Rod Stewart: Rocker turned model railroad builder

Full Screen
1 / 5

Copyright 2019 The Associated Press. All rights reserved

In this photo taken on Thursday, Nov. 14, 2019, British singer Rod Stewart poses for the media after an interview with The Associated Press at a hotel in London. Stewart, known for decades as a consummate crooner, rocker, fashion plate and tongue-in-cheek sex symbol, is adding a new element to his image: serious model railroad builder. The one time front man of The Faces who has hits dating back to the 1960s has put the finishing touch on a 23-year project that has landed him on the cover of Railway Modeller magazine, a far cry from Rolling Stone, whose cover he has graced many times. (AP Photo/Matt Dunham)

LONDON – Rod Stewart, known for decades as a consummate crooner, rocker, fashion plate and tongue-in-cheek sex symbol, is adding a new element to his image: serious model railroad builder.

The former front man of the Faces who has hits dating back to the 1960s has put the finishing touch on a 23-year project that has landed him on the cover of Britain’s Railway Modeller magazine. It’s a far cry from Rolling Stone, whose cover he has graced many times.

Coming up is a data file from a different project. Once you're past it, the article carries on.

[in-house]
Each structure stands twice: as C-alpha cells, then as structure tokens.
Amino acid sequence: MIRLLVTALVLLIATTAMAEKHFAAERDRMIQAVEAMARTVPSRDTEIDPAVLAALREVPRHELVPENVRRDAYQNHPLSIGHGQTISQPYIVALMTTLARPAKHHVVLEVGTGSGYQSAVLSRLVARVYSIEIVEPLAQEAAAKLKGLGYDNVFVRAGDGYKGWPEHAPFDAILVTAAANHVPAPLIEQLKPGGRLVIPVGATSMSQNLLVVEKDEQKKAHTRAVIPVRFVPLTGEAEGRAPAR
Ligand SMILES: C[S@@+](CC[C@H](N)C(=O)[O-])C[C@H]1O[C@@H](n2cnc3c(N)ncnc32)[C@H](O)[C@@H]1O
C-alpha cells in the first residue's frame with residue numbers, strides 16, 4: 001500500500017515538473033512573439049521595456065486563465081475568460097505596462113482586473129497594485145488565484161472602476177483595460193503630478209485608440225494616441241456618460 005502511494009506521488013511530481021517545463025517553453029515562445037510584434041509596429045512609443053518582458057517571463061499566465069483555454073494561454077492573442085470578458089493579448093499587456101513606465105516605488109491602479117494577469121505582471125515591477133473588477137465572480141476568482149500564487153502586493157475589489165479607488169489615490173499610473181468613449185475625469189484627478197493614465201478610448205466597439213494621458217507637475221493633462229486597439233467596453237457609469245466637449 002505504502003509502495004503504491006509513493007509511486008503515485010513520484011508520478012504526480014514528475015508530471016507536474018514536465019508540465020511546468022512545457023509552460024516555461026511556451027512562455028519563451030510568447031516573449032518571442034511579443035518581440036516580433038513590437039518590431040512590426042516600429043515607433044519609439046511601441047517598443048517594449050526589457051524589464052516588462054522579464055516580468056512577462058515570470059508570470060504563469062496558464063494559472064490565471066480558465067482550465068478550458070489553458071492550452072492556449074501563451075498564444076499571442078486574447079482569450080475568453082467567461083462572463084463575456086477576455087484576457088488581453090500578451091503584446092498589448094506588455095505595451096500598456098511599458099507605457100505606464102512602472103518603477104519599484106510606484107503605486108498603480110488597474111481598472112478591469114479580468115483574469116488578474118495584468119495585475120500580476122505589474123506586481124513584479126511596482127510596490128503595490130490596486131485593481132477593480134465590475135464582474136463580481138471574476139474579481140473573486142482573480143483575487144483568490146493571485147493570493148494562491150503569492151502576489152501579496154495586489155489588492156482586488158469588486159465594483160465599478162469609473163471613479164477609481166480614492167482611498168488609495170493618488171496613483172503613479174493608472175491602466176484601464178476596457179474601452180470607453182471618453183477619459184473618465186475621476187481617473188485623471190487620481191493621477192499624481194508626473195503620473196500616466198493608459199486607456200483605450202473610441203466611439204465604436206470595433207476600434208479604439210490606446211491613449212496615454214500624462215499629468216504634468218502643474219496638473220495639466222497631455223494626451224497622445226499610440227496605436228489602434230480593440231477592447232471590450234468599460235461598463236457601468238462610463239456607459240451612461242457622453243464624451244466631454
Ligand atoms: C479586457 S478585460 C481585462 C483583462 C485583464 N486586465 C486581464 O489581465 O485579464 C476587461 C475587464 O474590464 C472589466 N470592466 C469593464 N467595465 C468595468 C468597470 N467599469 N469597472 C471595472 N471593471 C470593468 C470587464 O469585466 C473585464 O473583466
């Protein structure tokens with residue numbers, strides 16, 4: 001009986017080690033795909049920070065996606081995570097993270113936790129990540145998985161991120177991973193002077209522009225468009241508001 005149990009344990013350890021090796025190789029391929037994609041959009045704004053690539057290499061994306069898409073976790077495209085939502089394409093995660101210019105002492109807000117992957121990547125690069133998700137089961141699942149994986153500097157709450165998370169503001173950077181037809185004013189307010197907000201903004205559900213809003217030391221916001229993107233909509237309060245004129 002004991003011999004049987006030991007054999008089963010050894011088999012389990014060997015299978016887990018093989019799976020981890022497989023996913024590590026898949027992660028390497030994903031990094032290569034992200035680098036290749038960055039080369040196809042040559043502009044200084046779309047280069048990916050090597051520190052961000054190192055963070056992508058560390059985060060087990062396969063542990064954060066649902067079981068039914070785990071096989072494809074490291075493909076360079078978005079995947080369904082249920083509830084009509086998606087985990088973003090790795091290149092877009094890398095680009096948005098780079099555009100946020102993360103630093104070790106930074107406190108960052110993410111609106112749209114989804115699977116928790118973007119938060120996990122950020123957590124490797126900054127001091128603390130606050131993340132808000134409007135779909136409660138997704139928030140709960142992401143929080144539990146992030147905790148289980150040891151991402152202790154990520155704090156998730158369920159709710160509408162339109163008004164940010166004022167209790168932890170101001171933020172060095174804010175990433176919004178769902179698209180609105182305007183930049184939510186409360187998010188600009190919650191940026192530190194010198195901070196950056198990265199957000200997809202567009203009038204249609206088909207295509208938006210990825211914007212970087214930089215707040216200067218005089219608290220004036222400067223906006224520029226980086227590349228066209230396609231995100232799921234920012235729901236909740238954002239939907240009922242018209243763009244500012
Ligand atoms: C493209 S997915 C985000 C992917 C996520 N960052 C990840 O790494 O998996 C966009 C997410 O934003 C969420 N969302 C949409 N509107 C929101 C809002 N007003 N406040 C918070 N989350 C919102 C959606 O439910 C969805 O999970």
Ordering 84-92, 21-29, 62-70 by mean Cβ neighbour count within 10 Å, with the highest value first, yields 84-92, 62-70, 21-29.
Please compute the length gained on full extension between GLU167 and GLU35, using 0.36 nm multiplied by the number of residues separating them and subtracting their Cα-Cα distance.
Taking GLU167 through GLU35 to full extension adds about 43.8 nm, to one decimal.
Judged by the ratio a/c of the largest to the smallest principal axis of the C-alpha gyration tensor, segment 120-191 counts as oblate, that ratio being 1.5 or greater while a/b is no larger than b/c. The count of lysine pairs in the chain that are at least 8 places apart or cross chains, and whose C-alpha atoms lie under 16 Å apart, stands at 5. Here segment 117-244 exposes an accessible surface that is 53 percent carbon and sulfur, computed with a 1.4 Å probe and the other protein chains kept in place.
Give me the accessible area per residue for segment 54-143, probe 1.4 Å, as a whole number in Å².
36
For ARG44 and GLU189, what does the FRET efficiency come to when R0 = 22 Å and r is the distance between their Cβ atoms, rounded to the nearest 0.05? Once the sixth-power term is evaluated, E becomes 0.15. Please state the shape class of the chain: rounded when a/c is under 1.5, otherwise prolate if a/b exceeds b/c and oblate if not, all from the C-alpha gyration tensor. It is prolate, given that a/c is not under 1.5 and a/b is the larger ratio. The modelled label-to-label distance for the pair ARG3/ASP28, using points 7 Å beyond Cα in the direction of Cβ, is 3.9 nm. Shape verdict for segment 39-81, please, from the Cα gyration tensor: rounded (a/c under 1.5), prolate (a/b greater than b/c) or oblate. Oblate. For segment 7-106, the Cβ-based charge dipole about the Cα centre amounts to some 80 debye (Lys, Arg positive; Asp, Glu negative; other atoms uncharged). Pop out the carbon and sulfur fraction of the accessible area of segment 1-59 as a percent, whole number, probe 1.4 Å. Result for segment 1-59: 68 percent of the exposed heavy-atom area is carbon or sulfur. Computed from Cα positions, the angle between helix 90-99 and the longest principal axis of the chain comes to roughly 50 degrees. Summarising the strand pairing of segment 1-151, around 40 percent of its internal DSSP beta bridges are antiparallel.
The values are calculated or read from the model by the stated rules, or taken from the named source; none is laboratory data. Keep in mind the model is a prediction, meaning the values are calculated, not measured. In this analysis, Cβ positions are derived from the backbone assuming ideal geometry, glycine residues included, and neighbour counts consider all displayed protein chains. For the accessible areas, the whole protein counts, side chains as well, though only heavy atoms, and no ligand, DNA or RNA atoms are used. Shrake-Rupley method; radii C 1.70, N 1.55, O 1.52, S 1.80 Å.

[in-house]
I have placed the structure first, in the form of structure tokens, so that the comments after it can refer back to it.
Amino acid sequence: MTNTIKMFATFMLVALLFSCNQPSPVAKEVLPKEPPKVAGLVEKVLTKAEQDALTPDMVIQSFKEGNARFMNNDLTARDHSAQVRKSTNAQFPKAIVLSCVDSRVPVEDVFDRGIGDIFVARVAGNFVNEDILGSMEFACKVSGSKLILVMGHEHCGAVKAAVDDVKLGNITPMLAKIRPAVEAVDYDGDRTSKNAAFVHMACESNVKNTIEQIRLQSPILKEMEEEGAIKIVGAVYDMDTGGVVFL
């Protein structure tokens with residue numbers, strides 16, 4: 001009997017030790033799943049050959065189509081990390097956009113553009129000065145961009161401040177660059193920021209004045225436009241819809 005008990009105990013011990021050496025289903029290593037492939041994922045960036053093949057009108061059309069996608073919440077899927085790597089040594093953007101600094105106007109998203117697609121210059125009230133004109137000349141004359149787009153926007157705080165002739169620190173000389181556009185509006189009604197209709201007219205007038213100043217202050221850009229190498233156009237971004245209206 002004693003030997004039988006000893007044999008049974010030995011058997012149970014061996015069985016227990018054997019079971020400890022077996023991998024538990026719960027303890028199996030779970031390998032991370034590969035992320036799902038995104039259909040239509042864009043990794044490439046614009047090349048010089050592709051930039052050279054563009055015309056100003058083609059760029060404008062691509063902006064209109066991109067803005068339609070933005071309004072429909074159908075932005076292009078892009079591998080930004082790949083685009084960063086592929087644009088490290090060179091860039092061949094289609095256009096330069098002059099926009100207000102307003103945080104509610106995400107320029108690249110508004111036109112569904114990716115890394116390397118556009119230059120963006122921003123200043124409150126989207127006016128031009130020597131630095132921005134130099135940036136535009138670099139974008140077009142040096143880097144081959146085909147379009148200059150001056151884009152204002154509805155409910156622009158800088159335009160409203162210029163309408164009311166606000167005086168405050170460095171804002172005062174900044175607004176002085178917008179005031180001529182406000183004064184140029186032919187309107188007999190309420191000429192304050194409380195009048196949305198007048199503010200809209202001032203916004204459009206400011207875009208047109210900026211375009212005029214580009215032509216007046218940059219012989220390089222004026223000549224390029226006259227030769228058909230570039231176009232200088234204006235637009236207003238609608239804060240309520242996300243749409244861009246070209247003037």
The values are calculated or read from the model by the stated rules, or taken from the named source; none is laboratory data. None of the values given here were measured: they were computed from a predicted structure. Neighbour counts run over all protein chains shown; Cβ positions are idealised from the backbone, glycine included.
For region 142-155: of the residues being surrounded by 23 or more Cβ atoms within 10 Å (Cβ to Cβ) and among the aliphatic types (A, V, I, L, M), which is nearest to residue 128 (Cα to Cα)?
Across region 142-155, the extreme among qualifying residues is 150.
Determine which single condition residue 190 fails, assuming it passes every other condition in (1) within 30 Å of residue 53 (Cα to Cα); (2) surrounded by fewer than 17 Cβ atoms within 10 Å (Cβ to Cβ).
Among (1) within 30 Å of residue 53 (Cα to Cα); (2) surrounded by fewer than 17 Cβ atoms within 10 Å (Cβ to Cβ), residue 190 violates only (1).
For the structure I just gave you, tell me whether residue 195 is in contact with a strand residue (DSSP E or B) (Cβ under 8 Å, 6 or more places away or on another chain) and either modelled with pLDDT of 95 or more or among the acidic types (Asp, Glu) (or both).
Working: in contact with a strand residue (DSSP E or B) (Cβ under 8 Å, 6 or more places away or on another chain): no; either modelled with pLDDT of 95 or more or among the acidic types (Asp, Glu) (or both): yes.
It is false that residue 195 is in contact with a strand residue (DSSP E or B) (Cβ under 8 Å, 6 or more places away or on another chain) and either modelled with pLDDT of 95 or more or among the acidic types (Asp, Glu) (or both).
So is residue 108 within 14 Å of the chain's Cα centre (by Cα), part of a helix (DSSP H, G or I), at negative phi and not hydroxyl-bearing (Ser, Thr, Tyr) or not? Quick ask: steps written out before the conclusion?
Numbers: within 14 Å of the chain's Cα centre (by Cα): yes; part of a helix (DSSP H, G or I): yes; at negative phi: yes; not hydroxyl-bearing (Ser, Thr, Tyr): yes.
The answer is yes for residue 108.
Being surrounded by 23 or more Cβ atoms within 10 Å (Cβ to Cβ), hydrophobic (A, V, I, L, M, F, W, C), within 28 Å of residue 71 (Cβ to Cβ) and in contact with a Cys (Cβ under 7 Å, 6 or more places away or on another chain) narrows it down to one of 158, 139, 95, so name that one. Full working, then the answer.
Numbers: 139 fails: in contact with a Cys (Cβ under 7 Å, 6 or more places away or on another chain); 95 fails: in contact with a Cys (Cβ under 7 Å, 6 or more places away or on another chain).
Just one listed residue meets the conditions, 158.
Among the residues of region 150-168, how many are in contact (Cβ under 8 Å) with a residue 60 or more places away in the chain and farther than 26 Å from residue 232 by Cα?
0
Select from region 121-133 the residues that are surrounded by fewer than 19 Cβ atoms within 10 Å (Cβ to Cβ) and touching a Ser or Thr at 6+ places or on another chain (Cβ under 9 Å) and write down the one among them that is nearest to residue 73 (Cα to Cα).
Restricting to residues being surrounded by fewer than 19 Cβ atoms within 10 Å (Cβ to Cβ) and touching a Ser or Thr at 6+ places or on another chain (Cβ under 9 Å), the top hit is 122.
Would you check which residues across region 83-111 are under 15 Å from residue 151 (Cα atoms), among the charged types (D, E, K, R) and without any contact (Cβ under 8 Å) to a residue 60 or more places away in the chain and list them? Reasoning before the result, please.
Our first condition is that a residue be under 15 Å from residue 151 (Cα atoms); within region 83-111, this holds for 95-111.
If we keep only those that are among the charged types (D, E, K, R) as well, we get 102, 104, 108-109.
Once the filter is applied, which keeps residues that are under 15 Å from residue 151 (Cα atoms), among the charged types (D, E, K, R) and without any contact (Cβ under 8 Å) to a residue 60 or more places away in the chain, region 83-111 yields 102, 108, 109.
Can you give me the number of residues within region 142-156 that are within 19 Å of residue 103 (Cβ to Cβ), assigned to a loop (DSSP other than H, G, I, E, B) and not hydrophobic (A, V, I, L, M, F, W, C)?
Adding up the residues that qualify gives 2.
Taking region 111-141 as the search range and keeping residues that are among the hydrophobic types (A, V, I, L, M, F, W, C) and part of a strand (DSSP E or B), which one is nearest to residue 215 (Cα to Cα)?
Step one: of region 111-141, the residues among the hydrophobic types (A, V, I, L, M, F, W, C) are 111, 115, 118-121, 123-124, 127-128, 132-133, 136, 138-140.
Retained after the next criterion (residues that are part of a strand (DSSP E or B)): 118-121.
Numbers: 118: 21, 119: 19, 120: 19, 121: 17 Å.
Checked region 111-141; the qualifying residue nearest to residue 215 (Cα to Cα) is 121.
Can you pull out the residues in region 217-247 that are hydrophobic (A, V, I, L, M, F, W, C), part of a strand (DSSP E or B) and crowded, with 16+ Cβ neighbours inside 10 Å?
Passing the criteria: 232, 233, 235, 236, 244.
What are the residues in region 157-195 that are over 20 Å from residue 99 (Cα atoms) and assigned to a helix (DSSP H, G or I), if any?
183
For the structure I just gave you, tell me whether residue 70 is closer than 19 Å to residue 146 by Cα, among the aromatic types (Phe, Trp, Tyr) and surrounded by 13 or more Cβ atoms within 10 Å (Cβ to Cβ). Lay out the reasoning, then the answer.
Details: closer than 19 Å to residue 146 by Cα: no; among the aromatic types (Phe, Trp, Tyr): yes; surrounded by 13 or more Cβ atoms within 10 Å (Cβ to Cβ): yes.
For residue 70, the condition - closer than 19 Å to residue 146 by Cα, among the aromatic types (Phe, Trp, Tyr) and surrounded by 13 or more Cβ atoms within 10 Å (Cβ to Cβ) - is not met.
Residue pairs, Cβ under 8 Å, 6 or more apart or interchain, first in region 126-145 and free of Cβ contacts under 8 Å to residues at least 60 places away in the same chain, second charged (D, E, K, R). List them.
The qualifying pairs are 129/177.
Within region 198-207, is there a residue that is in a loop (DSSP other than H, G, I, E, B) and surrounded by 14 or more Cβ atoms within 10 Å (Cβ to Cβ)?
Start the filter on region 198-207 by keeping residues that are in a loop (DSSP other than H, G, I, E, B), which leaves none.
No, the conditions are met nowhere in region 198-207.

The model is an ambitious portrayal of a gritty American city in 1945, representing a combination of New York and Chicago. It’s an artistic success, one that Stewart didn’t outsource but designed and constructed from start to finish, with some help with the electrical and computer connections.

“It’s the detail that I’m proud of,” Stewart said in an interview with The Associated Press.

Stewart is modest about hits like “Maggie May” but proud of his railway design skills.

“Absolutely amazing detail,” Steward said. “There’s garbage in the streets, the windows are filthy, there’s everything you can imagine in real life is on the railroad.”

He grew up in London across the street from a railroad line and has been fascinated by trains ever since, taking mental notes on his extensive world travels.

When he got around to building a house in Beverly Hills, he added a room at the very top for his oversize model railroad. He would typically go up there for three or four hours at a time, quietly stepping away from his family and his musical responsibilities.